Aged 34 the hard hitting Hosokawa, who is the brother of Japanese Light Welterweight champion Valentine Hosokawa, made his debut in 2014, at the age of 29. He would lose on his debut and would actually lose 2 of his first 4 bout, both by razor thin decisions. Following those set backs he reeled off 4 straight stoppage wins before losing another close contest, that time to Yasuyuki Akiyama, the man he would later rip the two regional titles from. Following the loss to Akiyama we saw Hosokawa improve, showing his stamina with an 8th round TKO over Kazuyuki Fukuyama and a 7th round TKO over Hisao Narita, and earn a second bout with Akiyama last September.
After beating Hososkawa, by majority decision, Akiyama had shocked the regional scene with a TKO win over Koki Tyson for the OPBF and WBO Asia Pacific titles. Hosokawa would end that reign by winning a war with Akiyama last year, stopping Akiyama in the 11th round. The fight started slowly but warmed into a real action packed contest, as Hosokawa began to march Akiyama down and broke him down with powerful shots. The performance showed the good, and the bad, of Hosokawa. He's aggressive, heavy handed, has a high work rate and is a very powerful and strong fighter. Defensively however he is open, he is predictable and he's not quick. He often marches forward looking to cut the distance usually comes forward in straight lines, something that someone with the skills and experience of Nonaka may be able to expose. Despite being predictable he doesn't seem to know how to take a backwards step and has proven to be almost impossible to dissuade from coming forward.
The 41 year old Nonaka is an old school veteran, having made his debut way back in 1999 as a Welterweight. He would fight as low as Light Welterweight before really settling on Light Middleweight. Early in his career he struggled to find his place and his style in the sport, losing 2 of his first 3, 3 of his first 5 and 4 of his first 9, including a KO loss to Masahiro Muroya. Amazingly after that stoppage loss, back in 2002, Nonaka has never been stopped in 36 subsequent contests!
Despite settling at Light Middleweight Nonaka would struggle to have major success, losing in his first title fight in 20078, when he was out pointed by Kazuhiko Hidaka in an OPBF Light Middleweight title fight. The following year he would take the Japanese Light Middleweight title with a win over Akihiro Furukawa. He would later go on to unify the Japanese and OPBF titles before losing both belts to Akio Shibata in 2009. That loss was a temporary set back and in 2014 he would become a 2-time Japanese champion, schooling Kengo Nagashima for the national title, which he held until 2017 and made 6 defenses of. Sadly since vacating the belt Nonaka has gone 1-2, with losses to Dennis Hogan and Takeshi Inoue in world title eliminators.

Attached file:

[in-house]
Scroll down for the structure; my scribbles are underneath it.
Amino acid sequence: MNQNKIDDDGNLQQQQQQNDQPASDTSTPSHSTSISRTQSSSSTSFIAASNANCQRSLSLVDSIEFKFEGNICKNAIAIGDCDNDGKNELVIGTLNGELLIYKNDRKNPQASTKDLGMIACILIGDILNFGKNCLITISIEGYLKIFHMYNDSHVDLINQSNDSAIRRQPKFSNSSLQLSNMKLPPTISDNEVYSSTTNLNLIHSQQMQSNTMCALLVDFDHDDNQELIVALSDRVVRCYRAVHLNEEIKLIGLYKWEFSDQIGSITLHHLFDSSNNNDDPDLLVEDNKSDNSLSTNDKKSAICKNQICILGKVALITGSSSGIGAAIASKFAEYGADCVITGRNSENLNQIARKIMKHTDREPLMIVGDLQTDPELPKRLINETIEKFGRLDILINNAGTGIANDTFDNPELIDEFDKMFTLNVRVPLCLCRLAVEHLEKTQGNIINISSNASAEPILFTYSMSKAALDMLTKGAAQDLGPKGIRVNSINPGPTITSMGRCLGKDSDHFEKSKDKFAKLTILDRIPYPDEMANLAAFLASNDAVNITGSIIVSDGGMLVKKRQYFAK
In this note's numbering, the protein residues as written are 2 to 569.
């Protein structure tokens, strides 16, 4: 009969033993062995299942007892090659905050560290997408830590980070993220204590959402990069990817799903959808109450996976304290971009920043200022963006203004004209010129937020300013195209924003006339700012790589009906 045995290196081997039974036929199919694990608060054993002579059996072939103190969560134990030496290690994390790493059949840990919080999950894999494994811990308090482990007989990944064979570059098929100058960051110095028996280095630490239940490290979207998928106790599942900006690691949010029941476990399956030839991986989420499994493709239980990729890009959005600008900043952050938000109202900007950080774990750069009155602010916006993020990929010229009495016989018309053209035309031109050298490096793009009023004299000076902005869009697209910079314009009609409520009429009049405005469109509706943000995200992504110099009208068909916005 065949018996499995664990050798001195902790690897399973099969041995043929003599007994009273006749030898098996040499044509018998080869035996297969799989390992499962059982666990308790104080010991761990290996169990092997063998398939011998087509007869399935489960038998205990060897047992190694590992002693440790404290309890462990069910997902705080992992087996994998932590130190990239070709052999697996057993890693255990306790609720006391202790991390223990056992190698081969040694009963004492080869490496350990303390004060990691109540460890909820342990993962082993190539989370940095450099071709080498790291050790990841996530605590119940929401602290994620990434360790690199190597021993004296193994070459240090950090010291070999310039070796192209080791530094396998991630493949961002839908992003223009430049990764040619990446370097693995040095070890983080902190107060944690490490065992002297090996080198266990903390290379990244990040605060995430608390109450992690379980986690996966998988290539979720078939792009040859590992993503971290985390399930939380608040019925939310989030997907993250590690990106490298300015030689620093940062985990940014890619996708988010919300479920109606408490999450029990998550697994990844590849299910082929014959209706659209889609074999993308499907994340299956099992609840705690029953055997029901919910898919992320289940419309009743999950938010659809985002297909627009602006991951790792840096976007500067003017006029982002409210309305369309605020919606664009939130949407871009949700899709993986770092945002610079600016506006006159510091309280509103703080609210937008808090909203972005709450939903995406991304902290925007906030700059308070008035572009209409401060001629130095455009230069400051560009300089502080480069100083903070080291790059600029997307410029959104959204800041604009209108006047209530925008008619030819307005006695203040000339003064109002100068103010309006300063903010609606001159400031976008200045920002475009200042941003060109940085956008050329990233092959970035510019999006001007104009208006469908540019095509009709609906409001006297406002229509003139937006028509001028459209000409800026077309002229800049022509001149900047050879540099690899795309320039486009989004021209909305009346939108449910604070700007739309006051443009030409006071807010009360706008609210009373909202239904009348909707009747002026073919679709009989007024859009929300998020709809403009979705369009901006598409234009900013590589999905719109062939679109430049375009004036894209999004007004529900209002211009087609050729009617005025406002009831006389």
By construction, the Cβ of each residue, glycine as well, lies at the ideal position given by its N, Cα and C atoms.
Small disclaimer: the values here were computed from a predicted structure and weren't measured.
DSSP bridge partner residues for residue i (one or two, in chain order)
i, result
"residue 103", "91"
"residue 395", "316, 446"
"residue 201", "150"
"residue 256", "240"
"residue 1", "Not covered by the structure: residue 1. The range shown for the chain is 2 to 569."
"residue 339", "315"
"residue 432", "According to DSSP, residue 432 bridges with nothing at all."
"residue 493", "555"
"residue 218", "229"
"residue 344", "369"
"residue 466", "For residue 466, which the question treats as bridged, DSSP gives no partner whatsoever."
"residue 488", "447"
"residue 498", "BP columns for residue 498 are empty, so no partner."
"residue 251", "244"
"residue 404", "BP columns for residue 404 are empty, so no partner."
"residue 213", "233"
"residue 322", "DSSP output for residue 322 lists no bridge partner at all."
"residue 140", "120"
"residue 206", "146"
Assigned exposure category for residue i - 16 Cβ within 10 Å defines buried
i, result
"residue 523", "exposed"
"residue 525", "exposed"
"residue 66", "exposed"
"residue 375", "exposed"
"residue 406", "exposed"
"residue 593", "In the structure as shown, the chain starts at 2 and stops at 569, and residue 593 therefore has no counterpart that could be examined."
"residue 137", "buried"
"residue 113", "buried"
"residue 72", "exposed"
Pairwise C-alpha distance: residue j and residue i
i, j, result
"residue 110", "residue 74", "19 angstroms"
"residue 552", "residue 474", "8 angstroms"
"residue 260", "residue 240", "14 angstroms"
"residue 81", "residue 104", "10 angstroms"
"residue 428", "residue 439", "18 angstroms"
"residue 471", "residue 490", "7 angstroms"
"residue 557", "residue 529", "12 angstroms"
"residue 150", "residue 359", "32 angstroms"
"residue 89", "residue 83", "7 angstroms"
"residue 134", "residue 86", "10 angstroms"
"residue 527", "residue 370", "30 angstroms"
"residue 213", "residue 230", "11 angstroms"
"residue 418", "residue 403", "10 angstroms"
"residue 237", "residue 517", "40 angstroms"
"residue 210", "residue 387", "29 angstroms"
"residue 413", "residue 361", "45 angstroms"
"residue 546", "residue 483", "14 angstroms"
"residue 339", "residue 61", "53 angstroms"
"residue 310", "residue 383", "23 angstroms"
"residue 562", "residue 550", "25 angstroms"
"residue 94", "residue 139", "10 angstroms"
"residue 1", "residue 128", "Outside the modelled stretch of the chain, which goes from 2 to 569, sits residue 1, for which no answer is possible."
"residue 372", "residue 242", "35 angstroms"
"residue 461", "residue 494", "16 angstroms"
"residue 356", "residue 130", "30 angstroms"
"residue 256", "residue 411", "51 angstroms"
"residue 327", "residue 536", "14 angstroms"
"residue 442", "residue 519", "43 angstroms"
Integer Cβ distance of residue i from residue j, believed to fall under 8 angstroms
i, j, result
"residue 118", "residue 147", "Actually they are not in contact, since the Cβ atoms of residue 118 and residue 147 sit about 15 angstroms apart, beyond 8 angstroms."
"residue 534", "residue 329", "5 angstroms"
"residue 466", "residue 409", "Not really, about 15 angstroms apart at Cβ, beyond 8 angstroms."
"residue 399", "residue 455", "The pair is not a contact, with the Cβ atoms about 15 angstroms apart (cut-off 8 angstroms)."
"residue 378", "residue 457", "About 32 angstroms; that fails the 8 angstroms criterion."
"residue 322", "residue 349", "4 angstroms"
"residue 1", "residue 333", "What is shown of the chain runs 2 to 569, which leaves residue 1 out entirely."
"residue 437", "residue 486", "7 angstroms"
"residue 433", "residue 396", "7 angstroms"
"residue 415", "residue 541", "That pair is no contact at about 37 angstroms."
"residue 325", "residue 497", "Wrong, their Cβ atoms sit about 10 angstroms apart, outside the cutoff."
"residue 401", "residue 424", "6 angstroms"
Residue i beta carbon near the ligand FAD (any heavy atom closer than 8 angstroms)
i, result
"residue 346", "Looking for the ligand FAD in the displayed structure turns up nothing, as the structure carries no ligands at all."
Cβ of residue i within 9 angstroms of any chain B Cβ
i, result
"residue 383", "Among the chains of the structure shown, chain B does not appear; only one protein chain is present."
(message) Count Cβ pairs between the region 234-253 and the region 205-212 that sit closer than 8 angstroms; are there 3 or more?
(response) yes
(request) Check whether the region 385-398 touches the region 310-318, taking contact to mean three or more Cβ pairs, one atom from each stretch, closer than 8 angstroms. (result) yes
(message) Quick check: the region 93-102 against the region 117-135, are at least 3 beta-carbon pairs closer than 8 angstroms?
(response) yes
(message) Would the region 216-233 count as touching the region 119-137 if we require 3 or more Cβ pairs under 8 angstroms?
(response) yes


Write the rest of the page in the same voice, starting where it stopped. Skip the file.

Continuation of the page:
Despite his age Nonaka is a criminally under-rated fighter. He lacks power but is surprisingly quick, an ultra sharp fighter who uses his jab to spear fighters, at range, lays traps with intelligent footwork and varies his shots amazingly well. His uppercut seems to find the target far too easily at times and he always looks so comfortable and relaxed in the ring. He's the sort of fighter that any young kid picking up the sport should take a look at. Sadly, for him, his lack of work rate, and his counter punching tendencies can see him fail to get the respect of fighters and being out worked by hungrier fighters. Also, notably for this fight, he will be in with a dangerous and natural Middleweight, something he hasn't typically faced, having fought mostly at Light Middleweight. He has dipped his toe at Middleweight, but not against someone with the power and physicality of Hosokawa.
Whilst we know this bout will go under the radar, especially coming just days before the mouth watering WBO Minimumweight title bout between Vic Saludar and Masataka Taniguchi, this has the potentially to be brilliant. Hosokawa's head first aggression should play into Nonaka's hands, and give the veteran a lot of openings. Nonaka however won't have the power to get Hosokawa's respect and we'd expect him to be willing to take 3 to land 1 as a result. This should result in a brilliant, mid range war with Nonaka easily out landing his man but being tagged by the bigger shots. If Nonaka's chin can hold up he probably takes the win, but that is a huge if, and we wouldn't be surprised by Hosokawa getting to him late to force a stoppage. Either way we are in for a treat!
The first WBO Asia Pacific title bout to take place in Japan this year is an excellent match up between once beaten Filipino Ben Mananquil (16-1-3, 4) and local hopeful Tenta Kiyose (15-2-1, 7), who battle for the WBO Asia Pacific Bantamweight title that was vacated in 2018 by Hiroaki Teshigawara when he moved up in weight to fight for the OPBF title. On paper the two men are well-matched, with neither being a huge puncher, and we suspect we'll have a really good contest. But let's have a look in more details.
Mananquil is a Filipino who has been criminally underrated during his career. The 26 year old "Nightmare" made his debut more than 8 years ago and fighting at Minimumweight as an 18 year old. He fought solely on the Filipino domestic scene for his first 9 bouts, running up a 9-0 (2) record, fighting at Minimumweight as an 18 year old. He fought solely on the Filipino domestic scene for his first 9 bouts, running up a 9-0 (2) record.